Dodging potholes, bumping across a road that is as grooved as a washboard, and watching the cloud of dust in your rear view mirror is the road traveled by many rural Ohio residents. Fast forward 5 days to that same road as a solid, smooth chip and seal surface. Beware of the caution signs on this thoroughfare to success, as there are months of preparation before the actual surfacing project. Hop in and ride with me as we journey through this process.
One of the main reasons road surfaces become so challenging to drive is not the surface itself, but the lack of a solid base beneath the surface. We stop to find our county engineer and township trustees converging to develop a plan. A road rehabilitation method known as full depth reclamation offers an option to improve road conditions. To be successful, this process requires significant funding to complete. With three townships and the county working cooperatively, an application is submitted to the Ohio Public Works Commission for grant and loan assistance.
Using this funding source and local matching funds the project begins with preparations that include ditching and installation of new, and replacement of damaged, culverts. This is done because proper drainage is essential to road maintenance. While this work could be completed by local road crews, the full-depth reclamation work requires a contractor who specializes in the process. First, test holes are made to determine the type of soil under the road. This informs the correct cement-to-road material ratio. A road reclaim machine pulverizes the road base and some sub-base and combines them. The road is then graded back to normal terrain. More soil tests are done and a dry cement is then distributed over and incorporated into the pulverized material including a water additive. The stabilized material is compacted with rollers providing a solid base. After all of these steps are complete, then the asphalt and limestone aggregate chip and seal surface is applied.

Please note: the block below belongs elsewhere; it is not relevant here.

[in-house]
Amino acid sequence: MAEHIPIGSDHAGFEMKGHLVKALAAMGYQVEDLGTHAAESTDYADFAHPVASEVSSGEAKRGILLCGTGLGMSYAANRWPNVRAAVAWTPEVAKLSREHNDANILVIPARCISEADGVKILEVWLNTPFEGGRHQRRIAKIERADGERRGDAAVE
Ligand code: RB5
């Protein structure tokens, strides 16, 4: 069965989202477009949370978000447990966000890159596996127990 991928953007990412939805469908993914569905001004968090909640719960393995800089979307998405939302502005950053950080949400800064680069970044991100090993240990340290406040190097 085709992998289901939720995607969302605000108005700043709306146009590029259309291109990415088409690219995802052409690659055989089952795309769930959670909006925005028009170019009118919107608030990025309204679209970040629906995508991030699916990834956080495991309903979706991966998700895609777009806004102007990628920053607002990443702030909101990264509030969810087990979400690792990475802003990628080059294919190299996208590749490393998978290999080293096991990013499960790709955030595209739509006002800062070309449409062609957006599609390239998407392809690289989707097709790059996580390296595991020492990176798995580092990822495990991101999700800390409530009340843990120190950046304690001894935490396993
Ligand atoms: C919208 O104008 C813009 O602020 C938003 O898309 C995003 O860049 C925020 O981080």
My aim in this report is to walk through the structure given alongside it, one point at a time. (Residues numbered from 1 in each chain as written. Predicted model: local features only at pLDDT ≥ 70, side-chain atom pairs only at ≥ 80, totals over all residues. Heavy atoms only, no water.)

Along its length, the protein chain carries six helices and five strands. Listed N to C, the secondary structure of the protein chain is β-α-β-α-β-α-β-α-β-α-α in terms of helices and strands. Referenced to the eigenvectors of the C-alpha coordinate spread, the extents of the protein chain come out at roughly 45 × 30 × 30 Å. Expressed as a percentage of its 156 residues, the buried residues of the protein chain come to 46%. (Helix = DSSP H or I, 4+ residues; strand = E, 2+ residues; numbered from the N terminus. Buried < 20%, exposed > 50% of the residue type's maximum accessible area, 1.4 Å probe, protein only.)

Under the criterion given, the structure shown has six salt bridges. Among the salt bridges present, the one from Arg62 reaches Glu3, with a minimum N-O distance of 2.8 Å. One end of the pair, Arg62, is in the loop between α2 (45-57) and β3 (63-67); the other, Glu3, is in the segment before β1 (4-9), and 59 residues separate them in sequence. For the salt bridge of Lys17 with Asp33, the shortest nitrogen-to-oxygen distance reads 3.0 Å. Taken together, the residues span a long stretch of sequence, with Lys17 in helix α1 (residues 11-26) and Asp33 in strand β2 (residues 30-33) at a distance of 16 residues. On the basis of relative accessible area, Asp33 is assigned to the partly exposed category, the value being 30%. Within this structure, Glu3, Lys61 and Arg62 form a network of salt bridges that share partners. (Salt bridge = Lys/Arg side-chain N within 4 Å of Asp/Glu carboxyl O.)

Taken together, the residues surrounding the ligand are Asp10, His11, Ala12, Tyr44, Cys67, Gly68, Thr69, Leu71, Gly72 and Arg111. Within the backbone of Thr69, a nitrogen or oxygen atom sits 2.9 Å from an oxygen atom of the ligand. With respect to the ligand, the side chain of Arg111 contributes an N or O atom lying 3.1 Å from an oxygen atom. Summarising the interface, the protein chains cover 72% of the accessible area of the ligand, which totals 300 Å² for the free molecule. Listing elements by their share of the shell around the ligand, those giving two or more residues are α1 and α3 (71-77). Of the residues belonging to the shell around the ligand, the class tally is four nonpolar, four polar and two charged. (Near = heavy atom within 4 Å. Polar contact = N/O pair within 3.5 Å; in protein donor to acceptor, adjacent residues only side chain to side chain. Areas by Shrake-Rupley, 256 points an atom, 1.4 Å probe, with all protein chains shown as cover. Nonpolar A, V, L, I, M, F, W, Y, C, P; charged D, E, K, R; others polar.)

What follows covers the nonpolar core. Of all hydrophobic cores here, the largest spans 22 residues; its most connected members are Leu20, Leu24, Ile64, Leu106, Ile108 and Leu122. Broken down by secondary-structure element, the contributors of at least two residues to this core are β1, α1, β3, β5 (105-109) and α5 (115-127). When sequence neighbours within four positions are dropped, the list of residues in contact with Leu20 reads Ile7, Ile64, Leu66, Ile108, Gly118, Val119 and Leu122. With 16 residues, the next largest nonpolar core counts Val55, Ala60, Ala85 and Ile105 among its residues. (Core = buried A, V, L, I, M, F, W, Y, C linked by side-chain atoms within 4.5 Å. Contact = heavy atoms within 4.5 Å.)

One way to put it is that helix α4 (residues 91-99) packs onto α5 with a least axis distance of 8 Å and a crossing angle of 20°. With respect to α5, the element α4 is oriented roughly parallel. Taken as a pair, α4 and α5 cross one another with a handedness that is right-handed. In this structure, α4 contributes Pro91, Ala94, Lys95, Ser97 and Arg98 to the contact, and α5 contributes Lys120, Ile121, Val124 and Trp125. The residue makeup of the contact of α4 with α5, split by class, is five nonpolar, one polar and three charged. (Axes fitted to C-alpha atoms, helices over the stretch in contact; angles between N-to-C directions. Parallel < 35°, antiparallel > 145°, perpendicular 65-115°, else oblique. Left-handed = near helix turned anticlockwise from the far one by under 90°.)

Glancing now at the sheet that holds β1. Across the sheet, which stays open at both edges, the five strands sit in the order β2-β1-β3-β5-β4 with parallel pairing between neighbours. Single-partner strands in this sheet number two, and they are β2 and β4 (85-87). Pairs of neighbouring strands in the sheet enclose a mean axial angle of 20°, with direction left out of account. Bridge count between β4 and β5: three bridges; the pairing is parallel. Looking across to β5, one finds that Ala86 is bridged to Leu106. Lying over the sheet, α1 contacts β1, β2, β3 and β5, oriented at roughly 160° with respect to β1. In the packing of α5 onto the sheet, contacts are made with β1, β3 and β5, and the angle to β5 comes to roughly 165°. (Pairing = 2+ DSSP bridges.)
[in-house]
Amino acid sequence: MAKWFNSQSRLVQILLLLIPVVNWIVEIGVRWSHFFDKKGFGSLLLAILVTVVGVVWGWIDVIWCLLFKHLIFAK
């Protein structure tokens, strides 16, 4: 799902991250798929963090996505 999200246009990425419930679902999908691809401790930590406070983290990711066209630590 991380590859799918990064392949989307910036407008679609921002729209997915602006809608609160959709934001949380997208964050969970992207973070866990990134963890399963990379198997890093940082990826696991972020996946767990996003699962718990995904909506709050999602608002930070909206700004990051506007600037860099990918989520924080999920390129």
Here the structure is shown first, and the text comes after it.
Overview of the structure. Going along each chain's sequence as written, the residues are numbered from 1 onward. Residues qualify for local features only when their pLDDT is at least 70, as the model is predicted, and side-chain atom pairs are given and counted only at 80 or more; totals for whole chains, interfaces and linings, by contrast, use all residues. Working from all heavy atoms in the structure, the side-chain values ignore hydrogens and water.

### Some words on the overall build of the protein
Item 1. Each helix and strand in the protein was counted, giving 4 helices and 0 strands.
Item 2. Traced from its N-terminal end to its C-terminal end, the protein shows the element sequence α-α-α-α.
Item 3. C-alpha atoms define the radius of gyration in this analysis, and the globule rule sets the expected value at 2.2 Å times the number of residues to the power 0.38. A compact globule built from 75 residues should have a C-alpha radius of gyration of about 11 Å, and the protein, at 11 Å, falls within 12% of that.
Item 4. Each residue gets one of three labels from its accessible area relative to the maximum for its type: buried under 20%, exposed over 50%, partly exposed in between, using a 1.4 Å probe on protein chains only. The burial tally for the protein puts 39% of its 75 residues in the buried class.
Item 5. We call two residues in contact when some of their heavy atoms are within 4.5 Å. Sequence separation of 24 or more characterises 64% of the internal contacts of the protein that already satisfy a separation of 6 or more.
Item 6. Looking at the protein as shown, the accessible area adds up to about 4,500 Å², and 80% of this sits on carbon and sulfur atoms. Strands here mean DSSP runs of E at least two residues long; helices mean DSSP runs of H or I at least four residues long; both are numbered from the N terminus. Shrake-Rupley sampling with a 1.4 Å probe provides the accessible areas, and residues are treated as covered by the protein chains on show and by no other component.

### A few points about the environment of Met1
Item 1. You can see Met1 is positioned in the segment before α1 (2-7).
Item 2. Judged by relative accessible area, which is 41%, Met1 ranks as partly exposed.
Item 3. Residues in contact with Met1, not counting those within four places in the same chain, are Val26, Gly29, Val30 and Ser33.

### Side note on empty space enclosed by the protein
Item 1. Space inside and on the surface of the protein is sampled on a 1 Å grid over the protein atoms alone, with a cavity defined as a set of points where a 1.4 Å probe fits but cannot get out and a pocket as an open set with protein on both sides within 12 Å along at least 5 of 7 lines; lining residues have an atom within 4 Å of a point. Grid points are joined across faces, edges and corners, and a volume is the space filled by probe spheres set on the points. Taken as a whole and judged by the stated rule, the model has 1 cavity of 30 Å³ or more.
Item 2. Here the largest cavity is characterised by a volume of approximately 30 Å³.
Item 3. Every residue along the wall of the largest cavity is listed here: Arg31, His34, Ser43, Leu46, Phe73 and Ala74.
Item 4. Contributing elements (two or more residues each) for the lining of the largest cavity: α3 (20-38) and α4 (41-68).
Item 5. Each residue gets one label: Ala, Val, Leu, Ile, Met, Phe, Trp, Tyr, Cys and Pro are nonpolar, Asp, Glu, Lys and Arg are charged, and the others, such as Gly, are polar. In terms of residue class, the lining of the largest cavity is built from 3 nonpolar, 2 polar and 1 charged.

Providing a road map for this road improvement project was Ohio State University Extension, Washington County Community Development. Extension engaged the community via coordination of meetings, assisting with application paperwork, and supporting township officials with critically important project information. Projects of all types can experience unexpected bumps and curves. Remember to contact your local Extension office to help you travel your road to success!
Darlene Lukshin is a Community Development program specialist in Washington County.